Santanu Hazra

I am an internet marketer since 2003

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See with customer's point of view

Think as a customer thinks

Santanu Hazra

February 13, 2009

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If you're writing a whitepaper—or plan to include one in your marketing strategy—you should check out a premium article at in which Steve Hoffman provides an in-depth list of dos and don'ts. Here's a peek at some of his advice:

Get the length right. It's nearly impossible to develop a compelling idea in four pages; most readers, meanwhile, don't have the patience to wade through 20. Hoffman advises a target length of eight to ten pages, or around 3,000 words. "[There's a] notable exception to this recommendation," he says. "Some highly technical audiences demand even more information, justifying a longer paper."

Appear as objective as possible. The purpose of a whitepaper is to educate, inform and demonstrate thought leadership. Overt plugs for your product or service will undermine effectiveness; strictly factual descriptions in the second half of your discussion, though, can enhance a sense of objectivity after you've covered challenges, motivations and best practices. "Whitepapers are not marketing collateral," he says. "[T]hey complement marketing collateral."

Inspire with useful information, not fear. Savvy businesspeople won't make a decision based on hyperbolic doom-and-gloom scenarios borrowed from late-night infomercials. "Whitepaper readers usually prefer factual statements of the possible repercussions of various courses of action to aid them in their evaluations and decisions," says Hoffman.

The Po!nt: Just the facts, ma'am. A "whitepaper" that actively markets your company to readers is nothing more than a long, wordy brochure. You'll achieve better results by expanding their knowledge base, and letting them connect the dots on their own.

According to Justin Hitt, B2B sales teams routinely get it wrong when seeking new customers. "The problem is, not every sales person knows who makes a good client," he explains. Among the common errors he sees:

Chasing too many prospects. "Successful sales people focus on highly qualified prospects most likely to close," Hitt says.

Not chasing enough prospects. The reverse is true as well, he says. Prospecting should be a daily activity.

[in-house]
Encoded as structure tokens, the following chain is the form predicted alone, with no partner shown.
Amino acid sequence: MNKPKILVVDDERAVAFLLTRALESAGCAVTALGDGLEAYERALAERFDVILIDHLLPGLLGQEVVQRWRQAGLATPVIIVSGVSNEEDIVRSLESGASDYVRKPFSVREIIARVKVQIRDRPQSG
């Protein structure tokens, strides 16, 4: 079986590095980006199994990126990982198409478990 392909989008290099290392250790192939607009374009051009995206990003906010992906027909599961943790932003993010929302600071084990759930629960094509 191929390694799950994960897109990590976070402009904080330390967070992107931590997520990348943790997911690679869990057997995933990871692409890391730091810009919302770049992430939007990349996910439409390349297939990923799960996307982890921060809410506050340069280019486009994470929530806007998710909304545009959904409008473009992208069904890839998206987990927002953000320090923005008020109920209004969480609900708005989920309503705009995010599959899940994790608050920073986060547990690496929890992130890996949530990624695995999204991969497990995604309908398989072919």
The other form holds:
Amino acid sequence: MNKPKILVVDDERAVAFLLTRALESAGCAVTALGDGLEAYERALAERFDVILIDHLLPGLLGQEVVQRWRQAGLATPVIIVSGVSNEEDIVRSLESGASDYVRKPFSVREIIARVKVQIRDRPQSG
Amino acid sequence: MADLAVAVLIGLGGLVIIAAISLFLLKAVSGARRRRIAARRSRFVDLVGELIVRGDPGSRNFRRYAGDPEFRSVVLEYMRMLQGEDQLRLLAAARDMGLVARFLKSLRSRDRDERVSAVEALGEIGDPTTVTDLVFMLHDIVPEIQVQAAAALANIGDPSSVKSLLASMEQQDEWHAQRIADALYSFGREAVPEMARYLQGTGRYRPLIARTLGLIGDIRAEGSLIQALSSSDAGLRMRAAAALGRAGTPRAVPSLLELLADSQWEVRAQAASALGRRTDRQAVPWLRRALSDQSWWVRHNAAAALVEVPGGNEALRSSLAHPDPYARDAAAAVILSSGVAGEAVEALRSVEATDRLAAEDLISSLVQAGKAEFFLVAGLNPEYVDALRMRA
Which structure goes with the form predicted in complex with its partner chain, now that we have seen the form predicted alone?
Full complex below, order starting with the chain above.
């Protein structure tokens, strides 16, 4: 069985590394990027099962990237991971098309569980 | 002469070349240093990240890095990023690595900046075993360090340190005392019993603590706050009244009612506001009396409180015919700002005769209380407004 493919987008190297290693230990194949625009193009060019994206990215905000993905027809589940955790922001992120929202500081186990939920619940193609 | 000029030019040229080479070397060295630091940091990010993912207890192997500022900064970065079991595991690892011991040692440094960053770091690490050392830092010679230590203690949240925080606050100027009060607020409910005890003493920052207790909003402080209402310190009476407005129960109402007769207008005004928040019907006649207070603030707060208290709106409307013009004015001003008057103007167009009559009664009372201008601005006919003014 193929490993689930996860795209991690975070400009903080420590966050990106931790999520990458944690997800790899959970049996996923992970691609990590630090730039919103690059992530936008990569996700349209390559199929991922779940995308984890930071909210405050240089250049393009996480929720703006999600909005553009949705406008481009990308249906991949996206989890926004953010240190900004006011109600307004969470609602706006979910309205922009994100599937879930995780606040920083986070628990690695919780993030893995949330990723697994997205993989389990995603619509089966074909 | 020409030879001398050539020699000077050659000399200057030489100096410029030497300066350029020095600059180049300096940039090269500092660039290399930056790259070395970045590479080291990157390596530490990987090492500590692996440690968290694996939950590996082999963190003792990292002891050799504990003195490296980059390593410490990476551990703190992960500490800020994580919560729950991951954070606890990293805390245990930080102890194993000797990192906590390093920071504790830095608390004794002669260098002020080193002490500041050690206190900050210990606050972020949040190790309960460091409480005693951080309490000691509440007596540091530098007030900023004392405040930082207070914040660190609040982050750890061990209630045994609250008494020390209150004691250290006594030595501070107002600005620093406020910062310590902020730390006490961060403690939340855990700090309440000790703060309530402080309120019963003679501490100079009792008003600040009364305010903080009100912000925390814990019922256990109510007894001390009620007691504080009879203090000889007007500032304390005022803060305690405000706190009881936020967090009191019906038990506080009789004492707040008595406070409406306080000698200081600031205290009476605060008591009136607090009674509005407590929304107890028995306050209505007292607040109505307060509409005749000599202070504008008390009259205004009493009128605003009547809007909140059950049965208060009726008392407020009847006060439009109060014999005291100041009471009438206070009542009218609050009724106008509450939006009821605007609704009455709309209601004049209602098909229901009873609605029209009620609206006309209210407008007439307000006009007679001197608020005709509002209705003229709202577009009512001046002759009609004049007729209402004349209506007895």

Not testing enough. If you aren't continuously testing, "you'll likely stop pursuing great customers out of indifference," he predicts.

To avoid falling into these traps, Hitt urges B2B marketers to follow a basic prospecting formula: identify, challenge and qualify to close.

* Identify your ideal customers using specific criteria that are important to you. Then "pre-qualify every lead with a well-designed marketing campaign," he advises.

* Challenge your assumptions by really understanding your customers. Carry on an ongoing dialogue with them, showing real interest in what matters to them.

* Qualify a good prospect as the ideal user of your solution, until it's obvious that their only choice is to buy. This beats the hard sell every time.

Nurture leads and educate prospects, Hitt advises, instead of "pitching them with endless dribble about your organization."

The Po!nt: Ditch the sales pitch. Instead, take a real interest in the companies you contact. This approach will serve them well, and help you clearly identify your hottest prospects.

It would be terrific if email marketers had universal standards for the creation of all their html messages. In the absence of such comprehensive guidelines, Winston Bowden offers some fundamental design rules as a jumping-off point:

* Aim for a width of 600 to 620 pixels. Use CSS inlinks rather than external CSS style sheets.

* Optimize images for quick loading.

* Avoid Flash.

* Link to forms and surveys rather than including them in the body of the email message itself.

Now, let's say you've developed a great layout with these tips in mind. Sadly, that's still not the end of your design job. The reason? A recipient opening your message doesn't automatically see what you designed on your computer. Ensuring that they do requires testing. Here are two areas Bowden suggests you focus on:

If you target B2B customers, you must be well-versed in a quirk of Microsoft Outlook 2007, which renders html emails in Word, not Explorer. If you aren't, it may pay to hire an expert who is.

If you're targeting a B2C audience, testing on other clients—primarily Entourage, Apple Mail, Gmail, Hotmail, AOL, Thunderbird and Yahoo—will prove especially useful.

The Po!nt: Learn from the past. Even though a design "bible" for email marketing doesn't exist, you can still find the guidance you need to avoid the mistakes others have already made.


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